In our backyard grows a milkweed plant, and it’s become a central play station for my kids. Milkweed is significant because it is the only food source for the monarch caterpillar. These beautiful arthropods crawl over and through our milkweed by the hundreds. Monarch butterflies play an important pollinator role in maintaining the fertility of many of our plant species; without them, plant reproduction would vastly decrease. We have begun to teach our children to care for these creatures with tenderness.

It all started when we first trimmed the milkweed and noticed all the caterpillars on the fallen leaves. We took careful attention to find and remove each one and place it back on the plant. My daughter, perhaps channeling her inner St. Francis, sings to and prays for the caterpillars and butterflies. At five years old, she knows that life—including plant and animal life—is a gift from God that must be cared for rather than destroyed. To put it another way, she intuitively understands that our relationship to other humans and to the earth itself ought to bring praise to God through practices that care for our common home and one another.

A few weeks ago, I went to a community forum on Hawaii’s changing climate, where representatives from the State Office of Environmental Quality Control and the Pacific Islands Climate Science Center presented. Like many Pacific Islands, Hawaii is uniquely situated to receive the brunt of the negative effects of a warming climate. Rising sea levels, coral bleaching, mosquito infestations, drought conditions, and increased storm activity already impact the Hawaiian Islands. It’s estimated that Waikiki will be under water within fifty years. Entire ecosystems are in the process of being dramatically altered. These changes affect human migration patterns (climate refugees), endangered species, and our own food production systems. For us in Hawaii, climate change is not a Big Bad Wolf to worry about a hundred years from now. The wolf is knocking on our door right now.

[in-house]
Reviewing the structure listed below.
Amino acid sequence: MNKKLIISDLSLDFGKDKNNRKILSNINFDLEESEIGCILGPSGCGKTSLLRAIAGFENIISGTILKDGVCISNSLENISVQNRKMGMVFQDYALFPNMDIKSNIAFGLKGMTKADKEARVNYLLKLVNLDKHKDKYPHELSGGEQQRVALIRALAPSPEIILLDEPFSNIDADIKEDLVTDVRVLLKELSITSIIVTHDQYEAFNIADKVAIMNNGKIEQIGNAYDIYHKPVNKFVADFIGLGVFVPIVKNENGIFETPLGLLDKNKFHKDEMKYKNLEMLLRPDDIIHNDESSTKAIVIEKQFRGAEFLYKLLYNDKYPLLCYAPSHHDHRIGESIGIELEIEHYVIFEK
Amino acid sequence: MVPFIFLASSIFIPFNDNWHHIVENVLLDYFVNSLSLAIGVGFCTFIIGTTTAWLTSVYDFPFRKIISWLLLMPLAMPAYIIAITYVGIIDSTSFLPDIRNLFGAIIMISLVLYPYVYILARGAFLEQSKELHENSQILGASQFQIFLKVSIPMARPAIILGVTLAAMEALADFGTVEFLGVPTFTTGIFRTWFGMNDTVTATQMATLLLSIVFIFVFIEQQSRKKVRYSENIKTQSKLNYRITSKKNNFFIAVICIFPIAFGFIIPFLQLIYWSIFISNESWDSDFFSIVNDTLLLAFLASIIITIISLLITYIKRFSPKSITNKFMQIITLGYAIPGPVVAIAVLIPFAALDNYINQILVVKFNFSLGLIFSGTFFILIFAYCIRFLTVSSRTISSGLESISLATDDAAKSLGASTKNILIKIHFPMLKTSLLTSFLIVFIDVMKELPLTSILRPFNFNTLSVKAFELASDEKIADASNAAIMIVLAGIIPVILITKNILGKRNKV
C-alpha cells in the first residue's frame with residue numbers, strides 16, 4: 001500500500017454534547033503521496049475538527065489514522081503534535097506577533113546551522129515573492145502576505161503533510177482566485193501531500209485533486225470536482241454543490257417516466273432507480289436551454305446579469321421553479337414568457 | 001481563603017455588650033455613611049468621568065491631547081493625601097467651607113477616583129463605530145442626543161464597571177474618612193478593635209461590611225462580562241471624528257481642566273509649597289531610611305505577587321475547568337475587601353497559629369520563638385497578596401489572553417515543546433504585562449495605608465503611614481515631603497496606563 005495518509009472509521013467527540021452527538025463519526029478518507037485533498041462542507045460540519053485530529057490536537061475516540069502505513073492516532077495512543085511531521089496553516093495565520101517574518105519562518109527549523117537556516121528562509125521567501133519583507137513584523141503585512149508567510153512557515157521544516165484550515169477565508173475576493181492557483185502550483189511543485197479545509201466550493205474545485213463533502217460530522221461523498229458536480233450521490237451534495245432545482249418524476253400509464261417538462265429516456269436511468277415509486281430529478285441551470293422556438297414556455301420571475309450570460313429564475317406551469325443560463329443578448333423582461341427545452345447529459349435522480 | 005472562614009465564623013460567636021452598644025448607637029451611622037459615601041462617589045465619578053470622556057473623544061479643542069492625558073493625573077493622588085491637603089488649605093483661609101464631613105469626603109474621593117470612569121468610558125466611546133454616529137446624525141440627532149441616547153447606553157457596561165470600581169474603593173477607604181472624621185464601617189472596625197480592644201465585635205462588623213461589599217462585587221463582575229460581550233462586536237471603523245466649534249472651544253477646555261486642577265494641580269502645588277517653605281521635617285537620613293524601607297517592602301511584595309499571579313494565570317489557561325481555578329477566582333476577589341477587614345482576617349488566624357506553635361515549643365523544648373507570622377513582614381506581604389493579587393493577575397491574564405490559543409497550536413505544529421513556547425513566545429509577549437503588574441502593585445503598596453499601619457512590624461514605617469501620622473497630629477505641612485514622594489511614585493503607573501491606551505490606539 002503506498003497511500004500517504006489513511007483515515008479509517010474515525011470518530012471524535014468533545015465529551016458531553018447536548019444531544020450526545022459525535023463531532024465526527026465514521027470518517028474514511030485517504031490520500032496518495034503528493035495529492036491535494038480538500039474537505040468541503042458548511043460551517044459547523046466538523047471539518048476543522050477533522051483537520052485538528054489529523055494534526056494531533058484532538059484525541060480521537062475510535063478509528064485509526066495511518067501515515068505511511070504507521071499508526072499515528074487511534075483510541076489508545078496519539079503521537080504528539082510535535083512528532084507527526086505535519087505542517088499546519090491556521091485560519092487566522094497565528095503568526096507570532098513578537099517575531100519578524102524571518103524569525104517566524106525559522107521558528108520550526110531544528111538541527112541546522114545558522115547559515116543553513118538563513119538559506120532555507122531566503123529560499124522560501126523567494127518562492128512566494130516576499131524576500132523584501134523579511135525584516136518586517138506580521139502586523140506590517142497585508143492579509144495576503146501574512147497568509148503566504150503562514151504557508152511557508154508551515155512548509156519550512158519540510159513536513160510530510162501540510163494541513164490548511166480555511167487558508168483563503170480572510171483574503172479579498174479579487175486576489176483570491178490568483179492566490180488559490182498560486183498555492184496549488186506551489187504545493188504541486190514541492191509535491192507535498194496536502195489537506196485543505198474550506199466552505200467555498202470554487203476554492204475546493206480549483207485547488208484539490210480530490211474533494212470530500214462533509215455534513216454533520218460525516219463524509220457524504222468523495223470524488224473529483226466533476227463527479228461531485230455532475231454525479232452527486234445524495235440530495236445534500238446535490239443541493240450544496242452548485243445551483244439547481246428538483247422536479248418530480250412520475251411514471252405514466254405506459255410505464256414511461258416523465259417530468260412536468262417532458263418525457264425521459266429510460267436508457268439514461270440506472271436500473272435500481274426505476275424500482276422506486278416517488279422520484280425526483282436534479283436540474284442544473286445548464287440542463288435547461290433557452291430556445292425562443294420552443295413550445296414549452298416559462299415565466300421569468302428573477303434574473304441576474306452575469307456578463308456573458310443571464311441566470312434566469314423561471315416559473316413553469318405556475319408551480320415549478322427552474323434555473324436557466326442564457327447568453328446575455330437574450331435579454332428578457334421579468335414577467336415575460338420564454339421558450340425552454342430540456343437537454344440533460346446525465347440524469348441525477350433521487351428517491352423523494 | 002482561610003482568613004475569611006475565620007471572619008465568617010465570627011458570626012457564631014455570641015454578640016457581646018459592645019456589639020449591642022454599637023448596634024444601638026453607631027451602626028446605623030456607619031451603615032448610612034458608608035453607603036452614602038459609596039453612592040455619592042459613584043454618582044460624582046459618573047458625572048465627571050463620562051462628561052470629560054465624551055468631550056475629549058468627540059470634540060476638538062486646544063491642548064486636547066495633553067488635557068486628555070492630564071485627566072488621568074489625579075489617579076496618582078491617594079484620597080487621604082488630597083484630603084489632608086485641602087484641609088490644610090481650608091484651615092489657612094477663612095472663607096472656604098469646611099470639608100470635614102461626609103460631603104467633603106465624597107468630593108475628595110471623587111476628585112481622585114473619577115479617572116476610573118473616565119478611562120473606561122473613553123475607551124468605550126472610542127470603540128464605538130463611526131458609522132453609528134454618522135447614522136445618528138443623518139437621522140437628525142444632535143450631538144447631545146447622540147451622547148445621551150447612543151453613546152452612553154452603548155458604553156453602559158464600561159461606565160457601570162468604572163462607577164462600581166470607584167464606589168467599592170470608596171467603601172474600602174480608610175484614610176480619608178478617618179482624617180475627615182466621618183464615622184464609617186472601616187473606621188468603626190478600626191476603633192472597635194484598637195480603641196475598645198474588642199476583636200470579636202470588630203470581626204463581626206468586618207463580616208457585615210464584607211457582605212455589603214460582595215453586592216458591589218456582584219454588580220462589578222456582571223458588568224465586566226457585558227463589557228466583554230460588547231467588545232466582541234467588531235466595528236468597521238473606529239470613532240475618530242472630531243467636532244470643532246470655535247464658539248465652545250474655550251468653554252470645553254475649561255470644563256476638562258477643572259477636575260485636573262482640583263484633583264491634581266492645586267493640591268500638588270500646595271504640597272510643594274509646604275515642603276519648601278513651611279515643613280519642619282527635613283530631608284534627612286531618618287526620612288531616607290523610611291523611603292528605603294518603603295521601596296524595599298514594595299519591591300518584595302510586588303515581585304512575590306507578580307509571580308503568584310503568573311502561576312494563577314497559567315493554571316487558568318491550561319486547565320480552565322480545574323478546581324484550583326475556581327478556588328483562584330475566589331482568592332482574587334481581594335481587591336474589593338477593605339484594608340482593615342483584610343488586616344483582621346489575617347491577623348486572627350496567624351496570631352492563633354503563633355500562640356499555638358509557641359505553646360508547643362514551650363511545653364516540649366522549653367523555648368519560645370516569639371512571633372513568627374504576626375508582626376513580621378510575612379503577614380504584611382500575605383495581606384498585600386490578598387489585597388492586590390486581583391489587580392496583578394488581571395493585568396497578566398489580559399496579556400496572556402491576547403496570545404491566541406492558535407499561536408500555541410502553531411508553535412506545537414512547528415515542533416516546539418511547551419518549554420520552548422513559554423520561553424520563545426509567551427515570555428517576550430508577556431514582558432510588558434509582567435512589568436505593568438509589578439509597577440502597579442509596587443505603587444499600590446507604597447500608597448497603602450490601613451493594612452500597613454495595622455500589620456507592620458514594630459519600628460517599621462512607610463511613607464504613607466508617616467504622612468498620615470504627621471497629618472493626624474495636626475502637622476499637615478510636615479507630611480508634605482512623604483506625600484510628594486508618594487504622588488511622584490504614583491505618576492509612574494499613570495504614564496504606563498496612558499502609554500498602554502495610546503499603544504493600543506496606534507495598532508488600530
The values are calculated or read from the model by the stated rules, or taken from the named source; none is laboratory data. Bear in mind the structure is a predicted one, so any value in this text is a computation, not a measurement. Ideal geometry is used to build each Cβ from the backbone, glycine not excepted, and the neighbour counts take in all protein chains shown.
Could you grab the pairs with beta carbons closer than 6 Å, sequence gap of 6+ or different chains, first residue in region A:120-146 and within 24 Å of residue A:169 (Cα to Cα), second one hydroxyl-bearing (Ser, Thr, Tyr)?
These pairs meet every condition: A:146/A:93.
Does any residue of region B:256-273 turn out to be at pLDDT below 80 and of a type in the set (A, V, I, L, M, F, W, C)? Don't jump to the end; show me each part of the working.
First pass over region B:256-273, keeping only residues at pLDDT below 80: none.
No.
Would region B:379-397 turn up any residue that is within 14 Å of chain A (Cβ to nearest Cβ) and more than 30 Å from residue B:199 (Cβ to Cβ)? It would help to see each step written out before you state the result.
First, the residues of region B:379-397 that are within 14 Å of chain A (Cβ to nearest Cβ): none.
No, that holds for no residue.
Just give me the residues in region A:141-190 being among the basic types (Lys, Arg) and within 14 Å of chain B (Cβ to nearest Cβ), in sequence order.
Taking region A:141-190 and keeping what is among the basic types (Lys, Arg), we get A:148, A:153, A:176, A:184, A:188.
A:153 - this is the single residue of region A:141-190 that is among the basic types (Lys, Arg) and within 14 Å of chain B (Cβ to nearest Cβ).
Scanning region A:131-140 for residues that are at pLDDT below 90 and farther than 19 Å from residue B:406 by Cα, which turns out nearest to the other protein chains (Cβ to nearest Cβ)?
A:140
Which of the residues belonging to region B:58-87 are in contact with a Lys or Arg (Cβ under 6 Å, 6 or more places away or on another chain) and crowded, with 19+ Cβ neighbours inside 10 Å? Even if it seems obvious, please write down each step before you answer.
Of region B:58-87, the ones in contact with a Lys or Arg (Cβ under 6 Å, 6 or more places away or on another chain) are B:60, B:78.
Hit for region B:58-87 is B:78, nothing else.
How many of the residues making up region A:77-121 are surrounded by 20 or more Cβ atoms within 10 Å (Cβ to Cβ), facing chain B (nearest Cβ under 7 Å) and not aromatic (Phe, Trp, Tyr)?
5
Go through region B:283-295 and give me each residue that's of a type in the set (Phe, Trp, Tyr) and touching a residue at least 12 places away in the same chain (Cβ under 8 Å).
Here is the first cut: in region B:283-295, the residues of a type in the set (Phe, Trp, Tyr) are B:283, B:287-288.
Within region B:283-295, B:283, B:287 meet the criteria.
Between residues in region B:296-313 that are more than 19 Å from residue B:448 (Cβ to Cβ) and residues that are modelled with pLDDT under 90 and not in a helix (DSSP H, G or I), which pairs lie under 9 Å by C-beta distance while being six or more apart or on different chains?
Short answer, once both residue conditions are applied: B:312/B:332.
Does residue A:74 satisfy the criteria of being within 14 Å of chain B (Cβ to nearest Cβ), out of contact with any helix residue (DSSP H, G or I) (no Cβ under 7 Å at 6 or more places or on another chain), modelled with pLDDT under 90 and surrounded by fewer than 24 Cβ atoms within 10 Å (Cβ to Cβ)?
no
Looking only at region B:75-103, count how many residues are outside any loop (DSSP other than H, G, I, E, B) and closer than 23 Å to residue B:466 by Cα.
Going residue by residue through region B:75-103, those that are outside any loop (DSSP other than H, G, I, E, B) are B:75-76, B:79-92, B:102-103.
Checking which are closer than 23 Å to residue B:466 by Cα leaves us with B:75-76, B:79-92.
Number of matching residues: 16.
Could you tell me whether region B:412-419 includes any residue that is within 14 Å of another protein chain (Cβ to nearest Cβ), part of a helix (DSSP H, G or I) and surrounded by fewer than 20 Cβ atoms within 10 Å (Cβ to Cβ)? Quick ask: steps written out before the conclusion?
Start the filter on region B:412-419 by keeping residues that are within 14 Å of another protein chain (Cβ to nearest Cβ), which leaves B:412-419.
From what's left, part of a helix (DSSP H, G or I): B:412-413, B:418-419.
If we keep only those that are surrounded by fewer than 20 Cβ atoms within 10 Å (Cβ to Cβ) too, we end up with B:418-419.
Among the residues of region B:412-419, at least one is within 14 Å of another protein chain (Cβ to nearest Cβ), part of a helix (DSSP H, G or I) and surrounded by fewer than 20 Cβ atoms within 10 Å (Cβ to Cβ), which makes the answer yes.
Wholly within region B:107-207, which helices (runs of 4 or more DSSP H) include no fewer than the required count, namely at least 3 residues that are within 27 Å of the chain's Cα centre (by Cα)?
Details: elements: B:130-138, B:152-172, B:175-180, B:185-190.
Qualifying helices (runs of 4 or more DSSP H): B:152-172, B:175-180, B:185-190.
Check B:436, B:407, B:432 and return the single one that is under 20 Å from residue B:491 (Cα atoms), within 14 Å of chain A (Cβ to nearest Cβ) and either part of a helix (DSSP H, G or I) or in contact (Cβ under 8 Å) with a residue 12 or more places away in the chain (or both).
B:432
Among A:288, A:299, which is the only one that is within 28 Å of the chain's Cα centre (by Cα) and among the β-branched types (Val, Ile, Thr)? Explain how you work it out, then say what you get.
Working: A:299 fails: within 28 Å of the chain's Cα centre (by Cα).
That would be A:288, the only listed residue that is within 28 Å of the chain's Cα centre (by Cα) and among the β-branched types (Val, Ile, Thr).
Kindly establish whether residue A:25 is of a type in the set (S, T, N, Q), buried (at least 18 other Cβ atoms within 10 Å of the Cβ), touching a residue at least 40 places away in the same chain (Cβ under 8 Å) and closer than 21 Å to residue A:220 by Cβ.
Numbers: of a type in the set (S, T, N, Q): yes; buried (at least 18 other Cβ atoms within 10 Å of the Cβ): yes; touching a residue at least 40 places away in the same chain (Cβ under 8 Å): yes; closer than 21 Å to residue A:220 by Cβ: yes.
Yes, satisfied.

For many in the United States, our primary relationship to creation is not one of care but of domination. We live (often without thinking) according to the story of profit, consumption, and extraction rather than simplicity, stewardship, and connectedness. The former fits nicely into our economic comfort, while the latter better fits the story of God’s reconciling ends. Empires tend to destroy planetary life, and we have often neglected to treat land, water, and air as gifts from God rather than as commodities to be mastered, bought, and sold. As Christians, we need teachers to show us the way. We can learn from the wisdom of indigenous peoples who have historically and traditionally respected creation as a gift and have lived sustainably within her limits.

As a pursuer of this goal to learn from those who have cared for creation better than I have, I am drawn to the Standing Rock Sioux protests over the Dakota Access Pipeline. In North Dakota stands a visible witness of a people who seek to point to an alternative way to think about the earth. In an attempt to preserve sacred ground, protect their water source, and ward off further ecological degradation in the years to come, the Standing Rock Sioux nonviolently and courageously resist the Dakota Access Pipeline even while enduring freezing temperatures and facing police brigades armed with pepper spray, water cannons, and tear gas.

We have forgotten our connectedness; we have forgotten God’s call to stewardship.

These brave indigenous people, and those who have joined them, actually call us back to God’s original intent in gifting us this beautiful world to steward. God’s intent is wholeness, justice, righteousness, and harmony wrapped up in a community of self-giving love. In short, it is shalom. Randy Woodley, in his wonderful book Shalom and the Community of Creation: An Indigenous Vision, locates the story and dream of God in the harmony that exists between humans, plants, animals, and with God’s self. And during a time in which we have become so separated from the land, “The Creator is calling us back to experience God’s love and care in the created world around us. The indigenous people of our own lands are the guides and theological interpreters of this too-long-awaited journey.”

All humans are native to the land. It’s just that we have forgotten our connectedness; we have forgotten God’s call to stewardship and our place as one out of many of God’s created acts. This stewardship principle—that creation is a gift and not a commodity—is a shared principle between many traditions, including Christianity.

Within the Christian tradition, we are told to love God and love our neighbor. But we cannot love our neighbors well if we don’t also care for the land that gives us life.

Everything we eat depends on the health of our soil, streams, forests, and air. We are all dependent creatures, both on creation and the Creator. The indigenous people of the world are the ones leading the charge to break many of us free from our ecological amnesia. Their protests and principled resolve act as a means of grace to teach us a more faithful way. May we learn to listen.

Like my daughter singing to the caterpillars and praying for the butterflies, creation is a gift to be valued and cared for, not pillaged or plundered or taken for granted. We need new postures that are marked by thanksgiving, grace, wonder, and simplicity. May we cultivate these practices in our houses of worship as sincere acts of resistance against destructive forces.